This year I will endeavor to make the last blog of the month a photo blog with a collection of pictures taken over the month. So here’s some highlights from January! A month when the Centre shuts and we crack on with lots of office work and general maintenance tasks such as painting the Exhibition floor and oiling the Christmas harness. But inevitably, I don’t take any photos of that stuff, so instead it’s just lots of lovely pics of reindeer!

1st of January – the Centre is closed for the day but the reindeer in the enclosure still need feeding so we recruit lots of friends to help carry the load!
2nd of January – Sheena and Choc-ice chilling out together after a Hill Trip.
7th of January – Arta looking handsome on the winter free range. With older brother Dr Seuss and younger brother Mr Whippy, Arta sometimes gets out-shined by his charismatic siblings but here he is looking fab!
7th of January – talking of the charismatic Dr Seuss, here he is getting bored waiting for his free lunch and using the quadbike as a chin rest!
12th of January – Hopscotch (closest to camera) and Pumpkin (on the left) are often the first over each time we call them for lunch.
14th of January – Beanie looking gorgeous!
14th of January – Amy and Lotti defending the feed bags from the older reindeer. Only calves are invited in to the bags for a wee bit of preferential feeding!
January 15th – Sheena calling the herd over in very wintery conditions.
15th of January- Morven and her calf Mochi looking beautiful in the snow.
16th of January – more free range fun for Lisette and Lotti. Holy Moley making her presence known right by the feed bags!
16th of January – the four gorgeous Reindeer House dogs – Fraoch, Dug, Tiree and Sookie. They accompany us on most free-range feeding outings, and are trained to lie-down and stay far away so as the reindeer do not see them, until we return to them.
20th of January -two of my favourite things- reindeer and skiing! Fly and Lace leading the whole herd and following in our ski tracks. Nice to see some blue sky.
24th of January – no skis required anymore! Mel waiting for the herd to come over – and yes, it’s Hopscotch leading the way again!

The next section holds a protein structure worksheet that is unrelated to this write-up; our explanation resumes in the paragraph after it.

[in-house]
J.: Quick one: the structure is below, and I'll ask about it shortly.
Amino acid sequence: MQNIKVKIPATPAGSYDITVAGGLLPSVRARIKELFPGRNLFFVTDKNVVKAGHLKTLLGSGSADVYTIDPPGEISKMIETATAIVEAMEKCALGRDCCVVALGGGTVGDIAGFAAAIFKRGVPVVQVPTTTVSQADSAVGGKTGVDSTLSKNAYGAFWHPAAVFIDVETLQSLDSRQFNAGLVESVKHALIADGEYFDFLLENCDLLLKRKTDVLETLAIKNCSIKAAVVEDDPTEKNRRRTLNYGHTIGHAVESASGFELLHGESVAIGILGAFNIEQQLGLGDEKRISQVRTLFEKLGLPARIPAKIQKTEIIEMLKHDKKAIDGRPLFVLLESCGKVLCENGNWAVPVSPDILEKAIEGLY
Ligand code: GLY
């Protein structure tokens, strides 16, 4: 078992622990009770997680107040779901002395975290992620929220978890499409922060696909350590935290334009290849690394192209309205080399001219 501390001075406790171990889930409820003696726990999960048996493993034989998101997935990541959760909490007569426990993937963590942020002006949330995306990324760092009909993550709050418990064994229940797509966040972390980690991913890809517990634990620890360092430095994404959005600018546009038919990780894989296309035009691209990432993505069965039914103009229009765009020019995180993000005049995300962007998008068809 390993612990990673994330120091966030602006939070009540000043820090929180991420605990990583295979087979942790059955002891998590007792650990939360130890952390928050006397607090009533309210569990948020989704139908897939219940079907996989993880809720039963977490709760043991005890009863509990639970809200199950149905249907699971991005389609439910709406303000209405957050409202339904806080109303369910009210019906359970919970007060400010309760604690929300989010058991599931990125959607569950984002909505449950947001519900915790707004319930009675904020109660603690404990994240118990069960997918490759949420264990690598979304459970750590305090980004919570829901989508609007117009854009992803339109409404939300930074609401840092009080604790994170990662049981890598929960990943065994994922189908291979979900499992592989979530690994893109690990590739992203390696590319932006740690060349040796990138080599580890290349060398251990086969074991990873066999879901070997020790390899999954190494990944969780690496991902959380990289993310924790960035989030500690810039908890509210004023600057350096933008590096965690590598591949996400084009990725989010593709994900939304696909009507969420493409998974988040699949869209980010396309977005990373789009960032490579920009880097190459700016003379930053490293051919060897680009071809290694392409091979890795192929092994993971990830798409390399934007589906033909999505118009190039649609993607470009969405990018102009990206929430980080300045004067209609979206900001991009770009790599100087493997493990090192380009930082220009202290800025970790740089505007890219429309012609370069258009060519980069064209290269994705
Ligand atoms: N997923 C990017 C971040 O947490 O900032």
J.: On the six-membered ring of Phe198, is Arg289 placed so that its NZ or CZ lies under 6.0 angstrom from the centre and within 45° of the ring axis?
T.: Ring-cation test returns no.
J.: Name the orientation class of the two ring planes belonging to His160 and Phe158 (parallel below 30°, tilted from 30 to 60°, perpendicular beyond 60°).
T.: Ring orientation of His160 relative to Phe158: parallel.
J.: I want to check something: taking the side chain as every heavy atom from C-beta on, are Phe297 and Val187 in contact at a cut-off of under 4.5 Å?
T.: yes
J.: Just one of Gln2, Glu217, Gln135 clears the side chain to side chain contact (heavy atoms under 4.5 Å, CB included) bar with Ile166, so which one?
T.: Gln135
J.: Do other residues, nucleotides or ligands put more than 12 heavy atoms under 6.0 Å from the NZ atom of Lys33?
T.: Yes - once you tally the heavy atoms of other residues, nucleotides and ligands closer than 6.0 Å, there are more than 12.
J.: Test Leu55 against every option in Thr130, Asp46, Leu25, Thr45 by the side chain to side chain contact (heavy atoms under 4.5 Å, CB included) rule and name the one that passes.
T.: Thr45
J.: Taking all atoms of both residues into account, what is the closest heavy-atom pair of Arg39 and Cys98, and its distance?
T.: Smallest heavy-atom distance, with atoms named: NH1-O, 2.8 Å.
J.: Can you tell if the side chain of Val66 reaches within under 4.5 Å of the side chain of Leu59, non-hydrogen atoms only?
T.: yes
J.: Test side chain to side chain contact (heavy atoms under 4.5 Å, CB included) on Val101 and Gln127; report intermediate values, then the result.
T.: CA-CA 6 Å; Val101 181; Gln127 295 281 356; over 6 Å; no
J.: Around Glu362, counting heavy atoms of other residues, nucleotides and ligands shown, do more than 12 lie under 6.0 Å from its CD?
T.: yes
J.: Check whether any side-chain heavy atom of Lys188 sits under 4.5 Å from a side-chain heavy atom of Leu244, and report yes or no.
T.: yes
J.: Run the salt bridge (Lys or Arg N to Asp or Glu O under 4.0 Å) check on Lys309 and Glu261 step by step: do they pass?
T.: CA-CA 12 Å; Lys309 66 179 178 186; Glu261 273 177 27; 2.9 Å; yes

24th of January- Pip and Turtle – two of our ‘lockdown calves’ from 2020. Hard to believe they’ll be turning three in the spring!
24th of January – Marple teaching her daughter Viennetta the art of cheekiness.
27th of January -and finally, to prove we actually do some “proper” work in January here’s Hen cleaning the shop walls ready for a lick of paint!

Ruth

December 2022: photo blog!

For this week’s blog, I’ve uploaded a heap of photographs found on my phone during this particularly busy month to give a brief snapshot of what goes on in the life of a reindeer herder. Turns out I don’t take many photographs whilst I’m sat in front of a computer answering emails so the photos are quite biased to all the fun times I’ve had out and about. Thankfully this makes for a much more enjoyable blog… lots of pictures of reindeer!

3rd of December – Sunny making sure Fiona and I have all our bags before heading away on Christmas tour!
3rd of December – Later that day the reindeer enjoying a nap after a parade though Aberfeldy, Sunny completely flaked out!
8th of December – Feeding the free ranging herd. Okapi is always first over and is such a poser! What a beautiful lass.
9th of December – lots of shovelling and gritting every morning!
9th of December – Juniper and Fab enjoying the snow! Mother and daughter doing super well.
9th of December -Sorbet (Brie’s calf) digging through the snow. What a cutie!
10th of December – Joe and Emily-Kate feeding the herd their breakfast.
11th of December – at the back of a Hill Trip. What perfect winter conditions!
11th of December – Harry and Zoom being all cute!
11th of December – moving the herd from the ‘Bottom Corridor’, back out to the ‘East Enclosure’ after the last visit of the day.
11th of December – Santa in our Paddocks with the handsome Berlin! (Photo by Joe).
12th of December – blue skies and no wind! A spell of amazing winter wonderland conditions!
12th of December – Beanie seeing if we have anymore food going… she lives in constant hope there’s another morsel for her!
13th of December – the Reindeer House dogs waiting outside the enclosure. 15 year old Sookie in her lovely warm coat!
16th of December – Holy Moley and the free ranging herd brought themselves into the enclosure for a free lunch!
16th of December – Mardi making sure the Reindeer House dogs are also not neglected and get a wee treat!
17th of December – the reindeer were completely unfazed by a huge T-rex looming over their pen at Landmark, Carrbridge!
17th of December – Santa leading Poirot during the event at Landmark.

Ruth

Emm’s Volunteer Blog Part 2: April 2022

Emm is one of our wonderful regular volunteers, and has written many blogs for us in the past. You can find out more about Emm by reading one of her previous blogs here: how reindeer herding changes me.